Yesterday I posted some of my favorite diver etiquette tips. I didn’t do it to sound all Martha Stewart but because often divers don’t realize the impact their behavior has on other divers and those that serve them while on a dive adventure.
But what about the other side of the coin… what are the responsibilities and etiquette of a good dive guide?
Something that caught my eye a few years ago was a survey done by one of the dive mags about the biggest issues that traveling divers face. Do you know what topped the list? ATTITUDE of the dive master!
This was a great thing for us. Why? Because that is a foundation for our company, Global Diving Adventures. We know that as divers you have saved your money, planned for sometimes more than a year, and often traveled halfway around the world for a dive vacation. It is our responsibility, and pleasure, to ensure you get the best a place has to offer. We personally pick our favorite dive guides on every trip and guide them on the best way to guide you! And then we add our own huge dose of enthusiasm, knowledge and experience to each adventure.
So what do we think are the responsibilities of a good dive guide?
1. Safety of the Divers.
Of course, the dive guide is there primarily for your safety. They should be knowledgeable about gear. They should know their boat and be sure all safety equipment is on board and in working order. They should be able to drive the boat in an emergency. It is essential the dive guide know the local dive sites, currents and potential hazards of the area and are able to handle underwater emergency situations.
Questions to ask:
Does your dive guide carry a surface marker buoy? Do they carry extra weight? Do they have basic equipment such as a working dive computer? Do they perform a current check before starting a dive? Do they know the skill level of the divers and choose a dive site based on this?
Recently on a scouting trip to Africa, I went out to a dive site with a small group of divers. The site was in rough seas about 6 miles offshore. The reef started at about 80 feet so this was clearly a dive you wanted to do on a dive computer. To my horror, I noticed a few things about the dive guide. He carried a surface marker buoy but noticing the strong current, he released it partway through the dive. If the driver had followed the buoy, he never would have found us when we surfaced. The guide also did not have a computer. He kept swimming to his dive master in training and checking his computer. He also appeared very lost on the site. This did NOT instill confidence to the divers.
Guiding to us means more than just knowledge of the local area and that your dive master will take you confidently on your dive. It also means that they will point out interesting creatures along the way. A good guide will know and understand local flora and fauna and go out of their way to find and show it to you.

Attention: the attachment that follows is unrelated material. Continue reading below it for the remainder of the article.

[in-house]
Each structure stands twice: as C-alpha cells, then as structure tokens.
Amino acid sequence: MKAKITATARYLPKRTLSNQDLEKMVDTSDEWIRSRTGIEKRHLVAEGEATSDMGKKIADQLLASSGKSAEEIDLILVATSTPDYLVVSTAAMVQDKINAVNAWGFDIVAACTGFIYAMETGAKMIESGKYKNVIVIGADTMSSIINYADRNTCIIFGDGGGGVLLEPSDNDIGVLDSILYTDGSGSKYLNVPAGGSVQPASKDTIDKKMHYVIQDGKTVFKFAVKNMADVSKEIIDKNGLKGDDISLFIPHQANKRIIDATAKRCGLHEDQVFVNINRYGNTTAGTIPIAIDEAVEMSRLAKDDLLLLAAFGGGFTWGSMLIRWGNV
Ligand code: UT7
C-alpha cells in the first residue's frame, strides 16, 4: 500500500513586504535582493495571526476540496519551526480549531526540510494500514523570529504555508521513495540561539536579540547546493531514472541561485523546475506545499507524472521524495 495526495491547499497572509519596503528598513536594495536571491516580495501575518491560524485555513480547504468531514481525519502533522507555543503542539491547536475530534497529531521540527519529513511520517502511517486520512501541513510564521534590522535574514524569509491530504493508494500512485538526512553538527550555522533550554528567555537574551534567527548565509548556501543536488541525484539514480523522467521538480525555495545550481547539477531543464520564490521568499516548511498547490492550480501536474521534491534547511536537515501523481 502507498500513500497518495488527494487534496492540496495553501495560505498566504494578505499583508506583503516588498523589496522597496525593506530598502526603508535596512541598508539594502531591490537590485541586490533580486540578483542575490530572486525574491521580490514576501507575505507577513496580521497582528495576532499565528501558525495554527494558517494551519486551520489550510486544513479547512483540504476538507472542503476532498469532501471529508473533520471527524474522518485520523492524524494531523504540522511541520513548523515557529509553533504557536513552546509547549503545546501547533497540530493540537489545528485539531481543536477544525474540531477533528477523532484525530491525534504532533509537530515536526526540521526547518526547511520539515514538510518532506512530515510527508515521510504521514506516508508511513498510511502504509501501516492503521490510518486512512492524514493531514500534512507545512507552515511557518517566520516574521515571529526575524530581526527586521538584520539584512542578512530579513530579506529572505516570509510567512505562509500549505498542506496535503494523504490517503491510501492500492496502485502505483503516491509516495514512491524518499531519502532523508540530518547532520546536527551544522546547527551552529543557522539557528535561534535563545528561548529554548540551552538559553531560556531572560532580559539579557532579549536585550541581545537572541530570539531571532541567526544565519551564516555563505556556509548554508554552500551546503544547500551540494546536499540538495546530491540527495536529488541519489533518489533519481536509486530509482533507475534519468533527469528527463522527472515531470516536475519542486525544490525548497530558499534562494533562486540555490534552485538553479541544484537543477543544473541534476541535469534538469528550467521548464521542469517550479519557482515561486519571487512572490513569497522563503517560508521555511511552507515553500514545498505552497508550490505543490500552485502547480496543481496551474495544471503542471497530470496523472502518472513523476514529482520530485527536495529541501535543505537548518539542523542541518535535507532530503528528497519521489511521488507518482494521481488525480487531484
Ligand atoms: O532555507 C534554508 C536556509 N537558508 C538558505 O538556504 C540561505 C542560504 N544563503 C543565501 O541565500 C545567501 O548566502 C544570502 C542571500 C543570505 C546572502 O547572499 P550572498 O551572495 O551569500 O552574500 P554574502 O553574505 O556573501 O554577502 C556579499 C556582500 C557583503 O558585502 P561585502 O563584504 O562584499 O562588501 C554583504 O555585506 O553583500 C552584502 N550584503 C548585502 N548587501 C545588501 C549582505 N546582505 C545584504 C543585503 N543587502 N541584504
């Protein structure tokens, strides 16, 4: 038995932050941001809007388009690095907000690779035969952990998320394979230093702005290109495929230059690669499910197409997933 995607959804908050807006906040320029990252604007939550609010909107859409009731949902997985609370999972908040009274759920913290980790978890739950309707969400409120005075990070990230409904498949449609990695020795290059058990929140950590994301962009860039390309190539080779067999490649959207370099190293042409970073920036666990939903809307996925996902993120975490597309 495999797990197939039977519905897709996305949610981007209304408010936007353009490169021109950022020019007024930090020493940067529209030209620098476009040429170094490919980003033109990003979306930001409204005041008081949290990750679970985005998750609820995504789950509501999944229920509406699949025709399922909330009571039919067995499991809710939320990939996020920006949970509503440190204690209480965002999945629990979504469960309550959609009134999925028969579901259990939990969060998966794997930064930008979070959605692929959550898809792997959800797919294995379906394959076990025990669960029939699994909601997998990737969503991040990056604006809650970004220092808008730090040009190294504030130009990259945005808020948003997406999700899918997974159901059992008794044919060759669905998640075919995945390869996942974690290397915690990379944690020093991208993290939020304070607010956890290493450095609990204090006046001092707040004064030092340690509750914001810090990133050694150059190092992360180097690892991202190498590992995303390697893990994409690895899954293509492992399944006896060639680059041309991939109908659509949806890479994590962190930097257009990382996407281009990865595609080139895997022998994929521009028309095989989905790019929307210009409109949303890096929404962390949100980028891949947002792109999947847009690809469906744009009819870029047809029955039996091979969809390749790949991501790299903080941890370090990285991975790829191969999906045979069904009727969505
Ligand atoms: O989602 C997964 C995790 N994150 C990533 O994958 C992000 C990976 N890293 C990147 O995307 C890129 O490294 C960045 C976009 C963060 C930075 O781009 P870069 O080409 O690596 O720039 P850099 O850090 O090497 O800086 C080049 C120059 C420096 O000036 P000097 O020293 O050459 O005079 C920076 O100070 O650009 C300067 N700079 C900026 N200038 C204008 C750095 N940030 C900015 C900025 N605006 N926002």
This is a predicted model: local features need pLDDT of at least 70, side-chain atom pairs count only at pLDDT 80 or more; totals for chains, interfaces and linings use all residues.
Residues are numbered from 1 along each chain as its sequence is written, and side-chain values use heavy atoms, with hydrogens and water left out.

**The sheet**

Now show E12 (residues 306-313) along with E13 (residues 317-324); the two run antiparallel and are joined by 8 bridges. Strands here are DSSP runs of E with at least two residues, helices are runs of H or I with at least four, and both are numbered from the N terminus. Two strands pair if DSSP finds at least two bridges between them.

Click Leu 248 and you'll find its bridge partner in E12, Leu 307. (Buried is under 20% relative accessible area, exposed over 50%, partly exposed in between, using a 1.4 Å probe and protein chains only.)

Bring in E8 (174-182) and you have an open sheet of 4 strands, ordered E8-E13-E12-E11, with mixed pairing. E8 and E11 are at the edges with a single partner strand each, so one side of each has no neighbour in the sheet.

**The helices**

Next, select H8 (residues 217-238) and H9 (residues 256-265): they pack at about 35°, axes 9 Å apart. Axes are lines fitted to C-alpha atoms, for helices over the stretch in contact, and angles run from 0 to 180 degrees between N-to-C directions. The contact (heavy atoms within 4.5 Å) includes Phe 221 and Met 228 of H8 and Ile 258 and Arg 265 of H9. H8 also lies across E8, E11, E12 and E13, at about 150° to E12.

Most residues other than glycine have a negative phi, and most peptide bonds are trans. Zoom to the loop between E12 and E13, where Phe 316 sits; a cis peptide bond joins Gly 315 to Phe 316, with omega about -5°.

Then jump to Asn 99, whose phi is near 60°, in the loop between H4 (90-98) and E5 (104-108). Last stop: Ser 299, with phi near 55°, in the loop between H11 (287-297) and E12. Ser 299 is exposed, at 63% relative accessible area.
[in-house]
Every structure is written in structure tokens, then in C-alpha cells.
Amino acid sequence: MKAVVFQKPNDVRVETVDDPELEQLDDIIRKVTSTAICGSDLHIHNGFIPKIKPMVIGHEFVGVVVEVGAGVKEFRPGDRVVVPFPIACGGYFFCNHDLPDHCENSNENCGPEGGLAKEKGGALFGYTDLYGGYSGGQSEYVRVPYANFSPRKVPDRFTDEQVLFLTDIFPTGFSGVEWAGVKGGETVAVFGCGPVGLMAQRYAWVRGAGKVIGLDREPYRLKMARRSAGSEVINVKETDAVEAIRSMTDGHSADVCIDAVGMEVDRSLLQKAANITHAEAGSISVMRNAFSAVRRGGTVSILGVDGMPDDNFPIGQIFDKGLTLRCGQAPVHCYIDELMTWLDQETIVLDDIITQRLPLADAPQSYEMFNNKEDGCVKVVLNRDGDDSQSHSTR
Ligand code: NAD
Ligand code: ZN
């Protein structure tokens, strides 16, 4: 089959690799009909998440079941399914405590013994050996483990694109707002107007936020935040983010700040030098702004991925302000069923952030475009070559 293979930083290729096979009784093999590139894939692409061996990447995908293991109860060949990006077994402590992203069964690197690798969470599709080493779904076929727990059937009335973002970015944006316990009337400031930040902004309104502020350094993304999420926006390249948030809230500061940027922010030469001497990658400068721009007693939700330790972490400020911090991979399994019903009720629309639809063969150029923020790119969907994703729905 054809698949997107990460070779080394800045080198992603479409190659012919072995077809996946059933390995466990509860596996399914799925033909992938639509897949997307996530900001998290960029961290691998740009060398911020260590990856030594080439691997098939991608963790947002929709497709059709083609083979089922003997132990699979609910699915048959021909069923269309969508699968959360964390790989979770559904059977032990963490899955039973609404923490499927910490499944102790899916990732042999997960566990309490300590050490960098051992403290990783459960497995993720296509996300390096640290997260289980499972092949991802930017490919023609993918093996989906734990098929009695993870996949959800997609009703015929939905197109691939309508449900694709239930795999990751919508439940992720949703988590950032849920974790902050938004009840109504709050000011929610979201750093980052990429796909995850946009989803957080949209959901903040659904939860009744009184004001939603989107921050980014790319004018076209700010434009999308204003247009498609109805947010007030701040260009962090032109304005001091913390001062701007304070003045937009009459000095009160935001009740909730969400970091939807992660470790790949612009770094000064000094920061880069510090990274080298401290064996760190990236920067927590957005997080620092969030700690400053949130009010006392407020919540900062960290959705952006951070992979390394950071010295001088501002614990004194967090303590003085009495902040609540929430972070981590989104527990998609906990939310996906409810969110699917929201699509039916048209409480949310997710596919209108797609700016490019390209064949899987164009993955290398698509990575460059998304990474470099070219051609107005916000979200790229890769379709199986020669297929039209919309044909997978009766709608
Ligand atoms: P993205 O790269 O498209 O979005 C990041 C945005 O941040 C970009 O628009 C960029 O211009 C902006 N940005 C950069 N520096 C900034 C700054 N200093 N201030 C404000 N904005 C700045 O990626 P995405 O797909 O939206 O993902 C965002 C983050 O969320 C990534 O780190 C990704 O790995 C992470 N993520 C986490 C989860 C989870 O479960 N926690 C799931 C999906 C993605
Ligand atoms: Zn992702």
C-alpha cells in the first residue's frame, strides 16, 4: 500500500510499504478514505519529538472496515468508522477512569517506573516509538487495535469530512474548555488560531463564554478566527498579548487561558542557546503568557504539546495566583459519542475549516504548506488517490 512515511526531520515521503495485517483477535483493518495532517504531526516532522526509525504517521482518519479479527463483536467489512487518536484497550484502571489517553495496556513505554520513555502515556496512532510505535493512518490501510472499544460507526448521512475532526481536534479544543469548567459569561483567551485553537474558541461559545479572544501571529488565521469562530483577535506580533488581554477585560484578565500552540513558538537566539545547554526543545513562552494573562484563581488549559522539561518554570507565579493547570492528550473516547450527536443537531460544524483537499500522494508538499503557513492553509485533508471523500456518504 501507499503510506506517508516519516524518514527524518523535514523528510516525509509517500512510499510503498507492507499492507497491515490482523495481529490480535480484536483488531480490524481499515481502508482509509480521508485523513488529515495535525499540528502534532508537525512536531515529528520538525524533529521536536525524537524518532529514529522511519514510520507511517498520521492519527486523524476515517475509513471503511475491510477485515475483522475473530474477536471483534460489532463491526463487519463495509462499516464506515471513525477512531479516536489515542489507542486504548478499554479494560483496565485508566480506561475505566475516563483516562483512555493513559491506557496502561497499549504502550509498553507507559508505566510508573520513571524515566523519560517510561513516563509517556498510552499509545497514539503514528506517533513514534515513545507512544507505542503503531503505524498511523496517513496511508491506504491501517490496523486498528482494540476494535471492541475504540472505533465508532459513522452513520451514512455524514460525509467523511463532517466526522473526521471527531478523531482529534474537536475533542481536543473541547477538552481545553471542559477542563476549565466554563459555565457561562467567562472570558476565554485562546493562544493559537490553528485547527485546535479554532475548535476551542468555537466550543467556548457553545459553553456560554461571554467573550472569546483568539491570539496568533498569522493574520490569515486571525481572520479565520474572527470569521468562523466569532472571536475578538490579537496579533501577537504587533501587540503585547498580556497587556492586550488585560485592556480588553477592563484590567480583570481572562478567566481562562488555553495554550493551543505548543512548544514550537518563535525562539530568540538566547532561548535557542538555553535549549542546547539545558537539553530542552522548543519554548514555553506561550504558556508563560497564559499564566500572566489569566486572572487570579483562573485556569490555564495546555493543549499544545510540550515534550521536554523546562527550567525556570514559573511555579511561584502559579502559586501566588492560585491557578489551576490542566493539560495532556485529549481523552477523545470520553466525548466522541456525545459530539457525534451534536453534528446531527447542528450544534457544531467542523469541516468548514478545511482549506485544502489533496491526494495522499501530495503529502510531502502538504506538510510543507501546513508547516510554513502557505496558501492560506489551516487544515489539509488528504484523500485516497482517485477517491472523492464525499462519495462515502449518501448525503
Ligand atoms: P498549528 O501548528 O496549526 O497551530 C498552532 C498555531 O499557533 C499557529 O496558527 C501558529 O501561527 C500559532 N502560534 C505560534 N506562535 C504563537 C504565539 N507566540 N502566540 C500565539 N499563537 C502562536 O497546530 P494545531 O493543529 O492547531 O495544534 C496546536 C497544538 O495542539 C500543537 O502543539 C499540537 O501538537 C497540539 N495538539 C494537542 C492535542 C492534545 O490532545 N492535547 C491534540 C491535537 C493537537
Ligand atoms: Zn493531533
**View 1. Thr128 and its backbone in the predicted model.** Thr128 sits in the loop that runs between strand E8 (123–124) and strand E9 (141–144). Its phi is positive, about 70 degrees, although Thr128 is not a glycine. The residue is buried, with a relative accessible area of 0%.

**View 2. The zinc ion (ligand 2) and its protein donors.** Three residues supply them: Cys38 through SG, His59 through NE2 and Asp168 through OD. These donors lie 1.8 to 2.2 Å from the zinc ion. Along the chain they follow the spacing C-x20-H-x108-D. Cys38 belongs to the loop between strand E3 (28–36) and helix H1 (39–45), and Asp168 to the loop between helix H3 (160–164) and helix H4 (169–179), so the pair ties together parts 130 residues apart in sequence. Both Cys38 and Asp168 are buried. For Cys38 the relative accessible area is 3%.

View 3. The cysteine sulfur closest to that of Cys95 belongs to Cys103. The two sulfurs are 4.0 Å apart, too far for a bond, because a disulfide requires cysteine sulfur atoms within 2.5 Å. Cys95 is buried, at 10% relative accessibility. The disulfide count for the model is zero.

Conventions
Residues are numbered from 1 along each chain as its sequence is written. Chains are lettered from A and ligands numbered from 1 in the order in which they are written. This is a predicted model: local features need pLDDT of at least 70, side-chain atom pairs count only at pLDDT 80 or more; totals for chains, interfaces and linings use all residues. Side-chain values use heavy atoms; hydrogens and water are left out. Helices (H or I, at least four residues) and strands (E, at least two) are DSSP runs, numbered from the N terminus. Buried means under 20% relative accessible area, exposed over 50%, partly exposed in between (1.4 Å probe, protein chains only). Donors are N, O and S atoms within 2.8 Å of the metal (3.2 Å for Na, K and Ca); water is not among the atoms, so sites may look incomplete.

Questions to ask:
Ask your guide about the dive sites. What are their favorite and why? What endemic species exist here? When is the best time/currents to dive various sites? Does your dive guide ask what you want to see? Did your guide prep you, as a photographer on what lenses to use for the upcoming dive or ask you what lens you are using to be sure to point out either good wide angle or macro opportunities?
On a recent dive trip to Indonesia, we were doing a muck dive looking for small, odd creatures. We came across a very interesting sea horse in only about 25’ of water. The dive guide told us to wait a minute, that he was going to surface and come back down. (he was only guiding Ridlon and me). Then he returned to us and put a large stick in the sand near the sea horse. I realized that he was marking the location below the water and making mental notes above the water in order to show the next group of divers this remarkable creature. How many dive guides do that?????
3. Looking over all aspects of the dive
The dive guide should be the first to arrive and the last to leave. They are responsible to see that all your questions are answered and that you are confident and ready to dive. They need to be able to take charge to get the dive boat out on time, divers geared up and in the water and run the dive efficiently and effectively. They should also look out for opportunities to enhance the dive experience.
Questions to ask:
You really don’t need to ask questions, simply watch the process and if there are concerns, voice them.
On a recent dive adventure, I sat back and watched the morning process of prepping for a dive. The dive manager spent most of his time creating too detailed drawings of the dive sites so he didn’t have to do anything else. The dive guides who were there on time, enthusiastic and engaged became our go to dive guides. One particular boat driver ended up handling and overseeing nitrox analyzing and assisting divers with their prep. This driver became our driver of choice. He took us out of his way to find 30+ mantas feeding on the surface and showed us the best way to get in and snorkel with them. Our divers were ecstatic about the opportunity and the driver received huge kudos as well as big tips!